With the start of the NBA regular season less than a week away, it's a good time to remind the world that arguably the best thing to ever happen to the sport of basketball had very little to do with actual NBA players. For a handful of years in the late 80s and early 90s, Foot Locker gathered an assortment of star athletes from every sport other than basketball and had them face off in a dunk context. Ken Griffey Jr. and Barry Bonds. Randall Cunningham and Deion Sanders. Track stars, who naturally had a leg up even among this superhuman lot. There were NBA legends in the mix in some capacity—Wilt, Havlicek, etc—but they were of little consequence. Barry Bonds was dunking.
Just look at this collection of cards from the 1991 event and try to imagine assembling a similar mix of pan-sport athletes these days, what with injury concerns and contract clauses and whatever it is that has kept LeBron from ever entering the actual dunk contest. You get Calvin Johnson and RGIII and Mike Trout and Bryce Harper and Usain Bolt out there and the Internet may well explode.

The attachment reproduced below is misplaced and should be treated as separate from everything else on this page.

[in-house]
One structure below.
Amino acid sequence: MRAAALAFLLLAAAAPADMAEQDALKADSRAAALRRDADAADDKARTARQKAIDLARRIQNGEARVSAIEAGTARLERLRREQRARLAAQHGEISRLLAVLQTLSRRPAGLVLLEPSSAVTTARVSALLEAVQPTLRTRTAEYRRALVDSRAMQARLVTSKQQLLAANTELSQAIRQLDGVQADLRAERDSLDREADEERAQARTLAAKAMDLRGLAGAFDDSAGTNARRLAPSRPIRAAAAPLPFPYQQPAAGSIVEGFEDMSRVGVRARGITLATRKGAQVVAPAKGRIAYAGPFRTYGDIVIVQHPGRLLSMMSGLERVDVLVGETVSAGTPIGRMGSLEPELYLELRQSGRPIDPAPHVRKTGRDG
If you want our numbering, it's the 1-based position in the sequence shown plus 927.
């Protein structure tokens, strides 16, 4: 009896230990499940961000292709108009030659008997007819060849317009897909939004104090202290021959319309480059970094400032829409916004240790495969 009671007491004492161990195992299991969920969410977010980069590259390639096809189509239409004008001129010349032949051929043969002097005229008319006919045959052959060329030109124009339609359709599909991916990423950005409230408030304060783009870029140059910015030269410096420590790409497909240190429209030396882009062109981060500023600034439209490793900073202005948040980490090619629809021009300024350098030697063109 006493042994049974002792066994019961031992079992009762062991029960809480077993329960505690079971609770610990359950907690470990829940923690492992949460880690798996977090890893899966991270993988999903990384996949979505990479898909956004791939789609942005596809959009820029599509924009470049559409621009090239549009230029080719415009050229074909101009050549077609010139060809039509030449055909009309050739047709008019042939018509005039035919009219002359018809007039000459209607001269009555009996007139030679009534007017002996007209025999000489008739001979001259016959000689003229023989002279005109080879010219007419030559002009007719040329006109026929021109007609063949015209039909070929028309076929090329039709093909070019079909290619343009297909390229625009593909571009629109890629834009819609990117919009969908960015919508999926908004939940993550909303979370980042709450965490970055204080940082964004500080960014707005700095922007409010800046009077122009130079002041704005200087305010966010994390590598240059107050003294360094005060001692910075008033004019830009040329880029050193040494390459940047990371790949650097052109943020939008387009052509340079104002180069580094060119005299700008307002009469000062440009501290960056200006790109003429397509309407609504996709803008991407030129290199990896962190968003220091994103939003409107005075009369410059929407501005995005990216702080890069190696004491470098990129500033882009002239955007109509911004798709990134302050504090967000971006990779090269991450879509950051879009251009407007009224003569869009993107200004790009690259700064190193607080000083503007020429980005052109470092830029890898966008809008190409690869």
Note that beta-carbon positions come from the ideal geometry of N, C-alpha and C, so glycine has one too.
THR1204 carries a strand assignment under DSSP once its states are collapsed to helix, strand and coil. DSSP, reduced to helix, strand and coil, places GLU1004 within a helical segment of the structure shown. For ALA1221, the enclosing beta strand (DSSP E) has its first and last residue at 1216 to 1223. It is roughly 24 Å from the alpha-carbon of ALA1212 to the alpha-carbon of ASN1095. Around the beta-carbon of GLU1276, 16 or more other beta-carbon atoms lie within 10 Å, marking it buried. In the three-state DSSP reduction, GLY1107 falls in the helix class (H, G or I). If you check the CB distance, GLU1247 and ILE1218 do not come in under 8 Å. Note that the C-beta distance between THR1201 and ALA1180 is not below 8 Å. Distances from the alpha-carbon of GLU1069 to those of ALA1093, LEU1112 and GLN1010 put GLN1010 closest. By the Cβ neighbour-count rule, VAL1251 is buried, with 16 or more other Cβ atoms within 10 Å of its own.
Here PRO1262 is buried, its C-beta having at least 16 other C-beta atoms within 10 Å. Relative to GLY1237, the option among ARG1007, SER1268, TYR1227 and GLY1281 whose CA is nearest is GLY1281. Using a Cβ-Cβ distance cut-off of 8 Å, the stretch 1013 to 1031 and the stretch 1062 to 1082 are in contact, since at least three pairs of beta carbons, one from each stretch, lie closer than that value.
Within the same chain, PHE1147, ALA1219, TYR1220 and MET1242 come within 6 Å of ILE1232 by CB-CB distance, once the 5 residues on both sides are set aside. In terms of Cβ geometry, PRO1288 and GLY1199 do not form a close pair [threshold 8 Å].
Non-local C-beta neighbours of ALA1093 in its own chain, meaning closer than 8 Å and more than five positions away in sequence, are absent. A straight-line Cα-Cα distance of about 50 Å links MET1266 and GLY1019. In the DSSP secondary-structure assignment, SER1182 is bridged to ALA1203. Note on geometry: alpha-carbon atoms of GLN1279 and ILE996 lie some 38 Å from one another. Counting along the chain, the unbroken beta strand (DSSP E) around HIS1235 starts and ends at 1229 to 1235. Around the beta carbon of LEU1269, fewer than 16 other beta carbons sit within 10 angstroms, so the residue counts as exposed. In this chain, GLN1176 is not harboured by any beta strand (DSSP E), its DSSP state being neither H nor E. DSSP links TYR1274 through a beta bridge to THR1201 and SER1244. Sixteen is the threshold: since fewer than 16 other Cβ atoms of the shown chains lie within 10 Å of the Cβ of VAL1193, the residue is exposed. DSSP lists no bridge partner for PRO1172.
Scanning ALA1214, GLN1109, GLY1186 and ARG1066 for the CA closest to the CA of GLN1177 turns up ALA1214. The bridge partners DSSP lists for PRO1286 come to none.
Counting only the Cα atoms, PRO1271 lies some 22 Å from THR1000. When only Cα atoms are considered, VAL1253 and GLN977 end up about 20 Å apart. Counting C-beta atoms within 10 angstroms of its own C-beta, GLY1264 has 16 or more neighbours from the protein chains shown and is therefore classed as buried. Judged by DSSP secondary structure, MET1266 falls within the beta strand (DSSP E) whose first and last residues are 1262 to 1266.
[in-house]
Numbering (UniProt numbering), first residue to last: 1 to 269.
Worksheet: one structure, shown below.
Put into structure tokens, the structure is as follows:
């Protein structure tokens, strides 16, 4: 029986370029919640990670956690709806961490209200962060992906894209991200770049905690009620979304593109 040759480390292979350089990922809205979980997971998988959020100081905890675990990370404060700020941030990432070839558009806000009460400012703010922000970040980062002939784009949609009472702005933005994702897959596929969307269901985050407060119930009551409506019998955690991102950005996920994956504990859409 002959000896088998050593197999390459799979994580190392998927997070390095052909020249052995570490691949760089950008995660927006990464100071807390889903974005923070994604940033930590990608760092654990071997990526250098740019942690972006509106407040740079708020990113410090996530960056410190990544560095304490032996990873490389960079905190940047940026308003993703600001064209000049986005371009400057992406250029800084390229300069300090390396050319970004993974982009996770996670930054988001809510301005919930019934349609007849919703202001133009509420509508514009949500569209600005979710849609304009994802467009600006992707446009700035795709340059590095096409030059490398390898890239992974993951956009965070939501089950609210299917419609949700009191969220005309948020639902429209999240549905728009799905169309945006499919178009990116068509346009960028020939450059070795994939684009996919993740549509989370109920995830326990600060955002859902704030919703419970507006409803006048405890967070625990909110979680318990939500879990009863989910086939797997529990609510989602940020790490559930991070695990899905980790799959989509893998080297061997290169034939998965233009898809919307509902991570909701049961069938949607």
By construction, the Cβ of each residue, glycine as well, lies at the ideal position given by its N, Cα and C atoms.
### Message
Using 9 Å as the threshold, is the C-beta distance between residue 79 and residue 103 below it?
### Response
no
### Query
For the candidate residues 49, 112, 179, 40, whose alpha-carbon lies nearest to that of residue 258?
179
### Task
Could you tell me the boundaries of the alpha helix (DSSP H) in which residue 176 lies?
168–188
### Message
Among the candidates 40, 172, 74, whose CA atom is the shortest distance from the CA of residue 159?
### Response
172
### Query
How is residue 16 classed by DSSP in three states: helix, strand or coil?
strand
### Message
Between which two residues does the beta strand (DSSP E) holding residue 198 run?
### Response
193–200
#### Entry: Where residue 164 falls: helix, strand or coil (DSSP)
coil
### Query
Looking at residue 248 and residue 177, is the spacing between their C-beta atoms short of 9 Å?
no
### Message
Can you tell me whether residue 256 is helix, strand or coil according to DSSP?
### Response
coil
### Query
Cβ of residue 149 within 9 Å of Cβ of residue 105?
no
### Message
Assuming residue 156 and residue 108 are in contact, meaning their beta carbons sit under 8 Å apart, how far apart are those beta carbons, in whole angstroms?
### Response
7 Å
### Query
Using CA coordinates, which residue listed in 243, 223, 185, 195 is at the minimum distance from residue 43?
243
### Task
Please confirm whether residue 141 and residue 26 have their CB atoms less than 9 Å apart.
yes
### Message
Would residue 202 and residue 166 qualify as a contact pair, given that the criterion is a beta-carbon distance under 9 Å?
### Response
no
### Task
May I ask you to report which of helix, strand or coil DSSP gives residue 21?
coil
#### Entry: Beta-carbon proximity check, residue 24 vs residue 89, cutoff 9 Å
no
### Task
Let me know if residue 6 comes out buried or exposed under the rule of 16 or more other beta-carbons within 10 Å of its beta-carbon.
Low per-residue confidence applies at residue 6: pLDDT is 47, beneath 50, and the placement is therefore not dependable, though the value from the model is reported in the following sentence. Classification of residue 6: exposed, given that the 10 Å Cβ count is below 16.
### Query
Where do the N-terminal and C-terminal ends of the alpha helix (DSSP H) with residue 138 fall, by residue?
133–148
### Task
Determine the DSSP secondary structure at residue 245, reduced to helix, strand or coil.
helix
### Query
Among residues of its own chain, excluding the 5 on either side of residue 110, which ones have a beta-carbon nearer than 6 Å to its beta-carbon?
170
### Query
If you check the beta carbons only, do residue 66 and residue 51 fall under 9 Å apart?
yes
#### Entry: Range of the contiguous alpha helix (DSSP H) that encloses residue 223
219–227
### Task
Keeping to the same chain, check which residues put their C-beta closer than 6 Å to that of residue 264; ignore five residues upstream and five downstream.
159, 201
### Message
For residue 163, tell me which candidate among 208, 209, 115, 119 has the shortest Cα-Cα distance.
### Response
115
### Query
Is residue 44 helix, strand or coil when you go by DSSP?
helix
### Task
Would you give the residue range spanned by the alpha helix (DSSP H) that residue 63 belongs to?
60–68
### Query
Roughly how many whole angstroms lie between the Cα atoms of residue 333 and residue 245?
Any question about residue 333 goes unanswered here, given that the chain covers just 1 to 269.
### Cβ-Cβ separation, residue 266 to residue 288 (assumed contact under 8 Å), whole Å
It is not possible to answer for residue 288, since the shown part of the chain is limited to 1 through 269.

Hell, we can't even get a good NBA dunk-aroo these days. Last year's NBA All-Star Slam Dunk Contest featured Gerald Green, James White, Terrence Ross, Kenneth Faried, and Jeremy Evans, Eric Bledsoe. In 2011, Blake Griffin won by filming a Kia ad. There's no way the NBA Dunk Contest wouldn't be better if it had non-basketball stars in the field. But it's never going to happen.
Instead, we'll have to get by with grainy YouTube videos from yesteryear showing Mike Conley Sr. dunking from the foul line. It'll do. It has to.